So says a campaign advisor, who pinned the auto bailout success on the former Massachusetts governor.
Back in 2009, when the newly elected President Barack Obama was contemplating a bailout of the auto-industry, Mitt Romney emerged from his temporary hiatus to push policymakers in the other direction. “Let Detroit go bankrupt,” he urged in an op-ed for New York Times. For Romney, a managed bankrupcy of the kind he had pioneered at Bain Capital was the only way to “save” the American auto industry. As for Obama’s approach, Romney warned that “If General Motors, Ford and Chrysler get the bailout their chief executives asked for yesterday, you can kiss the American automotive industry goodbye.” A few months later, Romney repeated his warning: If Obama continued on his path, “it would make GM the living dead.”
Three years later, Romney’s prediction hasn’t come to pass. The American auto industry is thriving even as conservatives run with the idea that government is categorically ineffective. In February, during the Republican primary in Michigan, Romney further disparaged the auto bailout, granting its success, but accusing Obama of kowtowing to “union bosses.” This message didn’t play well, and only gave Obama and Democrats an opportunity to tout the success of the bailouts, and contrast them with Romney’s position.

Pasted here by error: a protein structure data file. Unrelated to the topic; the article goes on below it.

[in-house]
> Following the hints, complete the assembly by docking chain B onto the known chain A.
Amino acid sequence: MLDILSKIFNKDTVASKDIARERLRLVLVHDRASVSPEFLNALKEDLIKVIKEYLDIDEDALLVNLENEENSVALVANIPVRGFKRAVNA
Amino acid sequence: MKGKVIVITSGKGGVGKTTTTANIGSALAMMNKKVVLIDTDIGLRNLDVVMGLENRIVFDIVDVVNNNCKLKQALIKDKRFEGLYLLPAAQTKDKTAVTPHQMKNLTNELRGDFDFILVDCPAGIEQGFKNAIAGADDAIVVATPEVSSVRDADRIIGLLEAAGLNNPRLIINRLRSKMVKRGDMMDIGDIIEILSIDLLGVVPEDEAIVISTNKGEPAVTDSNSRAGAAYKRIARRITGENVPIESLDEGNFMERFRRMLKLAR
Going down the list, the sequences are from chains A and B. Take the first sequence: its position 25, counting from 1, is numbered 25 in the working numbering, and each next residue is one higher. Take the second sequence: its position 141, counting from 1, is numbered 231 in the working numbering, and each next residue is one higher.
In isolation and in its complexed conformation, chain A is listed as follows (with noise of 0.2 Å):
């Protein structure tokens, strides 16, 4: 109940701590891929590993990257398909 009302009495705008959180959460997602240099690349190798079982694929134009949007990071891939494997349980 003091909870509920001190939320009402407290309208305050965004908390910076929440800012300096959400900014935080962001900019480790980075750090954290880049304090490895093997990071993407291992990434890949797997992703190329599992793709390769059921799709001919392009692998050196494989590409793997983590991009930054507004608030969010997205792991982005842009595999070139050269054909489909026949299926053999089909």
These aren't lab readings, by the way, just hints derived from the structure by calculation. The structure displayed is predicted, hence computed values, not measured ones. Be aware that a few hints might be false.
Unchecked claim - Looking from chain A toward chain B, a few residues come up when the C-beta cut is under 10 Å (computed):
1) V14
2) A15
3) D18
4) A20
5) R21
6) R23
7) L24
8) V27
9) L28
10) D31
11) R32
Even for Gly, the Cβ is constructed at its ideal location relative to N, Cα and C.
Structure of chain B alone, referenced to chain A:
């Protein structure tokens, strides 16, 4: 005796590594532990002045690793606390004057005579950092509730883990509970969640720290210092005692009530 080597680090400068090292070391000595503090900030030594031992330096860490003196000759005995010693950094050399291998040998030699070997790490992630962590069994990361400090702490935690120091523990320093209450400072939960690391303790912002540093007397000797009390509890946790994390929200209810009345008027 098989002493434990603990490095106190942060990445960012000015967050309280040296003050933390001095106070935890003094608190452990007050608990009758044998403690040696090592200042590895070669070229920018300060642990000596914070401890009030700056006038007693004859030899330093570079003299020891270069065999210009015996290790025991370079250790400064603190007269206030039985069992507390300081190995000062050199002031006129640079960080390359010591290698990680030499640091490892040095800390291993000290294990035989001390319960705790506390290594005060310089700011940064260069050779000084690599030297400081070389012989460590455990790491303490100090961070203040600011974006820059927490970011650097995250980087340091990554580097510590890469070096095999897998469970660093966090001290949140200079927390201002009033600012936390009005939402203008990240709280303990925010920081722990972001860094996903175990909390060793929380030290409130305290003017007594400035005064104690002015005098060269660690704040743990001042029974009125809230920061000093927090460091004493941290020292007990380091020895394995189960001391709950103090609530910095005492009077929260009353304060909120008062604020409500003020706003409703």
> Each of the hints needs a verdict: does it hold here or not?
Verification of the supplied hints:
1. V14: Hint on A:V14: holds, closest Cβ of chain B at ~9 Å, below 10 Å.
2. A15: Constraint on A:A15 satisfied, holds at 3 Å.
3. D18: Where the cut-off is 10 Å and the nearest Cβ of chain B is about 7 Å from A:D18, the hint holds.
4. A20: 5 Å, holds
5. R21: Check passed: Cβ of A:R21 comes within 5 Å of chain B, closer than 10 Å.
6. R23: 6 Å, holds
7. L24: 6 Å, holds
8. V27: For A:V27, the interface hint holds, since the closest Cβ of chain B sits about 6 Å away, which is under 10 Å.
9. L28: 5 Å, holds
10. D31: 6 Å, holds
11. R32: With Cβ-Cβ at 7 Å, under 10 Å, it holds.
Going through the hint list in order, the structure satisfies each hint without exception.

Now that Romney is in the general election, he has begun to shake the Etch A Sketch on a number of issues. One of those, if this comment from Romney advisor Eric Fehrnstrom is any indication, is the bailout:
“[Romney’s] position on the bailout was exactly what President Obama followed,” Fehrnstrom said. “He said, ‘If you want to save the auto industry, just don’t write them a check. That will seal their doom. What they need to do is go through a managed bankruptcy process.’”